The U.S. government takes the position that Carachuri-Rosendo's second misdemeanor conviction for possession is in fact an "aggravated felony" because the offense could have been punishable as a felony under federal law. According to the United States, Congress's judgment controls; as stated at oral argument, "Congress has taken a hard line over the past 20 years on criminal aliens, particularly recidivist criminal aliens ...."

The U.S. government's position, if accepted by the Court, would have an incredible result. It would mean that a noncitizen with a federal misdemeanor possession conviction -- if, for example, the U.S. Attorney decided not to pursue recidivist enhancement charges -- could nevertheless have been characterized as guilty of an aggravated felony under the immigration laws because such charges could have been brought if the case had been prosecuted in federal court. Such a result would contradict Lopez v. Gonzales, which held that a crime must be a felony under federal law to constitute an aggravated felony.

On March 31, Sri Srinivasan, a partner with O'Melveny & Myers LLP, argued Carachuri-Rosendo's case before the Supreme Court for Carachuri-Rosendo. Nicole Saharsky, Assistant to the Solicitor General, argued for the United States. The Justices aggressively questioned both sides. In particular, Justice Breyer, the author of the majority opinion in Nijhawan v. Holder, peppered counsel with questions about the complex matrix of state and federal statutes at issue in the case and the applicability of the Court's past decisions. To make clear the harsh treatment of criminals under the U.S. immigration laws, Justice Breyer offered a hypothetical of how the conviction of the harmless "pussycat burglar" stealing an innocuous "pop gun" would be classified as an aggravated felon.

It is difficult to predict how the Supreme Court will decide Carachuri-Rosendo v. Holder. However, although "criminal aliens" are unpopular with the public and Congress, the Roberts Court -- conservative as it is -- has been willing to rule in favor of immigrants when the government has gone too far. Indeed, immigrants have prevailed in two cases decided by the Court this Term. In Kucana v. Holder, 130 S. Ct. 827 (2010), the Court unanimously held that congressional court-stripping provisions did not bar judicial review of the Attorney General's discretionary decision to reopen a removal proceeding. In Padilla v. Kentucky, 2010 U.S. LEXIS 2928 (Mar. 31, 2010), the Court, in a landmark decision, ruled that a noncitizen could base an ineffective assistance of counsel claim on the failure to advise him of the immigration consequences of a guilty plea in a drug case.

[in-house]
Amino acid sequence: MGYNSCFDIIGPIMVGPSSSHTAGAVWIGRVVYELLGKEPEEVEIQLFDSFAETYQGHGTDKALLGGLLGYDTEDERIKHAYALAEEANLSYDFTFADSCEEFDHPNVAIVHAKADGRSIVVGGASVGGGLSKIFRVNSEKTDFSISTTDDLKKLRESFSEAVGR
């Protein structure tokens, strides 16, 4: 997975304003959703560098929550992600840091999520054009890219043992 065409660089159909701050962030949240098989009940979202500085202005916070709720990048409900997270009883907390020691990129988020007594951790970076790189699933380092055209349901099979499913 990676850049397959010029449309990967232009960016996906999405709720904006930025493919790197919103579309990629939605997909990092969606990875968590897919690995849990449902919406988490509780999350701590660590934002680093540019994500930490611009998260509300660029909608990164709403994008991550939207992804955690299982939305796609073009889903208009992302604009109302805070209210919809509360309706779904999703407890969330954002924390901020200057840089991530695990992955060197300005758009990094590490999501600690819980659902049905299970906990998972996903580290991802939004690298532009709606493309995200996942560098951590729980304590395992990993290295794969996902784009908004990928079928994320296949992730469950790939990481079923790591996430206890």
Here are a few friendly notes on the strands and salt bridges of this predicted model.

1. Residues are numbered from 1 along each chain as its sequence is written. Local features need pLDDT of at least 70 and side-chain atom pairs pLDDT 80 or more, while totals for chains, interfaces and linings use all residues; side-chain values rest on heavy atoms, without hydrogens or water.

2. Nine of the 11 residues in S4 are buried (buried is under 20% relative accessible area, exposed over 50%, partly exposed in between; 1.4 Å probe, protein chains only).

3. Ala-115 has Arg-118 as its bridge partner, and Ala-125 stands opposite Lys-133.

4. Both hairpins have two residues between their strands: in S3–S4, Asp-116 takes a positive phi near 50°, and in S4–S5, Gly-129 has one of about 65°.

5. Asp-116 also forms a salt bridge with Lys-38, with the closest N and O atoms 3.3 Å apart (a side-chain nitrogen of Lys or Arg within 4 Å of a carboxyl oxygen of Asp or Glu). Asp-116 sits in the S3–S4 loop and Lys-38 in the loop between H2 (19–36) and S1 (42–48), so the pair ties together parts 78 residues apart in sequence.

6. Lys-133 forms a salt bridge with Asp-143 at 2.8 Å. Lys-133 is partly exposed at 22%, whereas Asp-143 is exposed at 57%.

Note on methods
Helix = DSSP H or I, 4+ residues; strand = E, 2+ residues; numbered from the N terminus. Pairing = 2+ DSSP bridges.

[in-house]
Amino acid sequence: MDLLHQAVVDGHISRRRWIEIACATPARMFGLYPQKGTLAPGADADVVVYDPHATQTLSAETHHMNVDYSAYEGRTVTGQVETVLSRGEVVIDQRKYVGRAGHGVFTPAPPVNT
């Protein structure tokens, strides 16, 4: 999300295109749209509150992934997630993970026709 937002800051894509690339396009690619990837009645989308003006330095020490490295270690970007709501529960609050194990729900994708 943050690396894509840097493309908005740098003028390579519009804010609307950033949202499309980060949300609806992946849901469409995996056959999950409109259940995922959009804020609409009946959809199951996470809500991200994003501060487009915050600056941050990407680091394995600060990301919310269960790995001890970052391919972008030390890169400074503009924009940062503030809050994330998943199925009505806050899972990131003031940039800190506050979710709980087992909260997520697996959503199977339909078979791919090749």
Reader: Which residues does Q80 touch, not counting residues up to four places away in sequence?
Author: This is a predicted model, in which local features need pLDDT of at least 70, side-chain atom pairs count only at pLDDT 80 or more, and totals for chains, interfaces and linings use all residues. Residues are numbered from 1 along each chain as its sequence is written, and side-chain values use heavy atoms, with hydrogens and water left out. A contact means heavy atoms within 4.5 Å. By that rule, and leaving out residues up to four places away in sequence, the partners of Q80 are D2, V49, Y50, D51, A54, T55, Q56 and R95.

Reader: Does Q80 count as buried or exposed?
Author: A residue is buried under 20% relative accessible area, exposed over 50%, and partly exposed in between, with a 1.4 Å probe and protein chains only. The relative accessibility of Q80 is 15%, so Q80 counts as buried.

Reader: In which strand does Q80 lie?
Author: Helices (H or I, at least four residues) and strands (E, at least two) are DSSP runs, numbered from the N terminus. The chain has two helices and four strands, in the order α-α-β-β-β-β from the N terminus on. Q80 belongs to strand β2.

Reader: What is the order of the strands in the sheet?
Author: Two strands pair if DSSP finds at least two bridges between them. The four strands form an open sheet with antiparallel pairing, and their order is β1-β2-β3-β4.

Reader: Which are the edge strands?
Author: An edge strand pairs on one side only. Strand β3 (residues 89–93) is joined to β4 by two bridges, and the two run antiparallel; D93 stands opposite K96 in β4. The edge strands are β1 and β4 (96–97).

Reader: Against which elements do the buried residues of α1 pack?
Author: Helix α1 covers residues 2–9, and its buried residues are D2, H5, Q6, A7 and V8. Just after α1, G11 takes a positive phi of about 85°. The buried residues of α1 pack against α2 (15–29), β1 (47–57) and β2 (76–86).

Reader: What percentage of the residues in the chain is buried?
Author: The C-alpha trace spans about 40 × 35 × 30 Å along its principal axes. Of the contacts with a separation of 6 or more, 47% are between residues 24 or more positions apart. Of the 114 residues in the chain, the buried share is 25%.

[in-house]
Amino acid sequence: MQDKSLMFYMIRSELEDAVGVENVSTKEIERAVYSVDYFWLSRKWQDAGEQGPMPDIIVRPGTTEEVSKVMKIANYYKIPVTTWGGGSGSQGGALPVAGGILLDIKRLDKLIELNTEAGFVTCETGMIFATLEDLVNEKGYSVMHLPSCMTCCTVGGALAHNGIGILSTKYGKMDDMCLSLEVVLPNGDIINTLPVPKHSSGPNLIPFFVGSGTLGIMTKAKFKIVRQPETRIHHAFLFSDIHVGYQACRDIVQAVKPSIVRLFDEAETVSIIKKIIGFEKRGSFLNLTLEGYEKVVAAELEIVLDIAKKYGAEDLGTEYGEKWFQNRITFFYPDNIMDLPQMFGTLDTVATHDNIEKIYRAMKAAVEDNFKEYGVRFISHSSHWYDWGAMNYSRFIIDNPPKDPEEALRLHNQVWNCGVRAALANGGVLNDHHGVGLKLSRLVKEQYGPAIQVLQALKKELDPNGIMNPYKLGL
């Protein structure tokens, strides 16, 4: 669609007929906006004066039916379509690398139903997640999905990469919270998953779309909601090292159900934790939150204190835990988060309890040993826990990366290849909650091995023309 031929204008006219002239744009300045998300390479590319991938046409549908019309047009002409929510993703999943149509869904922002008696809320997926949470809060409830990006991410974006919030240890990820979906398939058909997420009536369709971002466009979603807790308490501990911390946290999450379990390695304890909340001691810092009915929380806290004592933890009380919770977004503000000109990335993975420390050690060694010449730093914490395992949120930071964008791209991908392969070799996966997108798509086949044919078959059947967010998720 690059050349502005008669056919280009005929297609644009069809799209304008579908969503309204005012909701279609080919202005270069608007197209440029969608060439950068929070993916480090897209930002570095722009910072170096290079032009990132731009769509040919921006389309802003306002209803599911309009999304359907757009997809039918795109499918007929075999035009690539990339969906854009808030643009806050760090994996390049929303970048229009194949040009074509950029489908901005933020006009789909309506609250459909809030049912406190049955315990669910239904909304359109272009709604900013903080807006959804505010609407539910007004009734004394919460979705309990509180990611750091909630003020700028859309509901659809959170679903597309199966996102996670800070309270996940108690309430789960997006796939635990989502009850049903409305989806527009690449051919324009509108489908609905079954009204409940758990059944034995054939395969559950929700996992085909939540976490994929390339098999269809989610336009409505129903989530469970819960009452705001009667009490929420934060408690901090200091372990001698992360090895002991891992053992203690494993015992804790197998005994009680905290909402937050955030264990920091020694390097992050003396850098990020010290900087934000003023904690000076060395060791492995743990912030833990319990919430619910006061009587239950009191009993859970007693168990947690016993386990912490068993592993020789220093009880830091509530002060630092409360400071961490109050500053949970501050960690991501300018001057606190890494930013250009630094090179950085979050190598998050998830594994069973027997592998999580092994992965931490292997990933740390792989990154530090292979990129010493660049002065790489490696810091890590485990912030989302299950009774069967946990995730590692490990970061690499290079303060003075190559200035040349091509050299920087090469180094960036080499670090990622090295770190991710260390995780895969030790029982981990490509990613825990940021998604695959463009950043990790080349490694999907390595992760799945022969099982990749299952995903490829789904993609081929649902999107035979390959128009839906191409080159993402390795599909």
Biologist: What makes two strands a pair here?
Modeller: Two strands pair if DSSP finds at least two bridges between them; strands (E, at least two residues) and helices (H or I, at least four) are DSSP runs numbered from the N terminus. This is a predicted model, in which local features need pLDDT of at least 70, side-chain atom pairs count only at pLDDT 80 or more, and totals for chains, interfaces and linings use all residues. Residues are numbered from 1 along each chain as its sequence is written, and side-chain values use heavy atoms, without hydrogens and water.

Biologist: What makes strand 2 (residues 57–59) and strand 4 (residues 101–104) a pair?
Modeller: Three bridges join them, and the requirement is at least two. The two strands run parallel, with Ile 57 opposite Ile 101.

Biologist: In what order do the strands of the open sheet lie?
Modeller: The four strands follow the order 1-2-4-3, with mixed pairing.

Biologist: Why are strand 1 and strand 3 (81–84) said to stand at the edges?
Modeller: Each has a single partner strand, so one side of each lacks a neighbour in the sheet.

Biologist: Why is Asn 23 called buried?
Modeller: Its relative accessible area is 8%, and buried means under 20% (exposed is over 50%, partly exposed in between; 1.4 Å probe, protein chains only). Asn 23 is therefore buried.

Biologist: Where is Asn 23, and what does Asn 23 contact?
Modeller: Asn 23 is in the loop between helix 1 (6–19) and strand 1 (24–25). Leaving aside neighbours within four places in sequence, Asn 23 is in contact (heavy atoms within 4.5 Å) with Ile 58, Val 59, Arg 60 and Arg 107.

In Carachuri-Rosendo v. Holder, the U.S. government's claim that a state misdemeanor drug possession conviction somehow amounts to an "aggravated felony" drug trafficking offense under the U.S. immigration laws goes too far. At oral argument, Justice Ginsburg correctly observed the government's interpretation would have an "absurd result," deporting a long term resident for two misdemeanor drug possession convictions. The U.S. government's tortured interpretation would have a devastating impact on immigrant communities, especially long-time residents with deep family and community ties to the United States. Indeed, Carachuri-Rosendo faces banishment from America - and four U.S. citizen children -- for a crime deemed so minor by the court that it sentenced him to a measly ten days in jail. For a minor, non-violent misdemeanor to result in, as the Supreme Court has put it, "the loss of all that makes life worth living," violates the principles of proportionality and justice embraced by democratic societies.

Cross posted from American Constitution Society Blog.

[Image via M J M.]


5/11/2010 2:20:33 AM #

The whole immigration thing is sad and its getting worse sadly. Great article btw.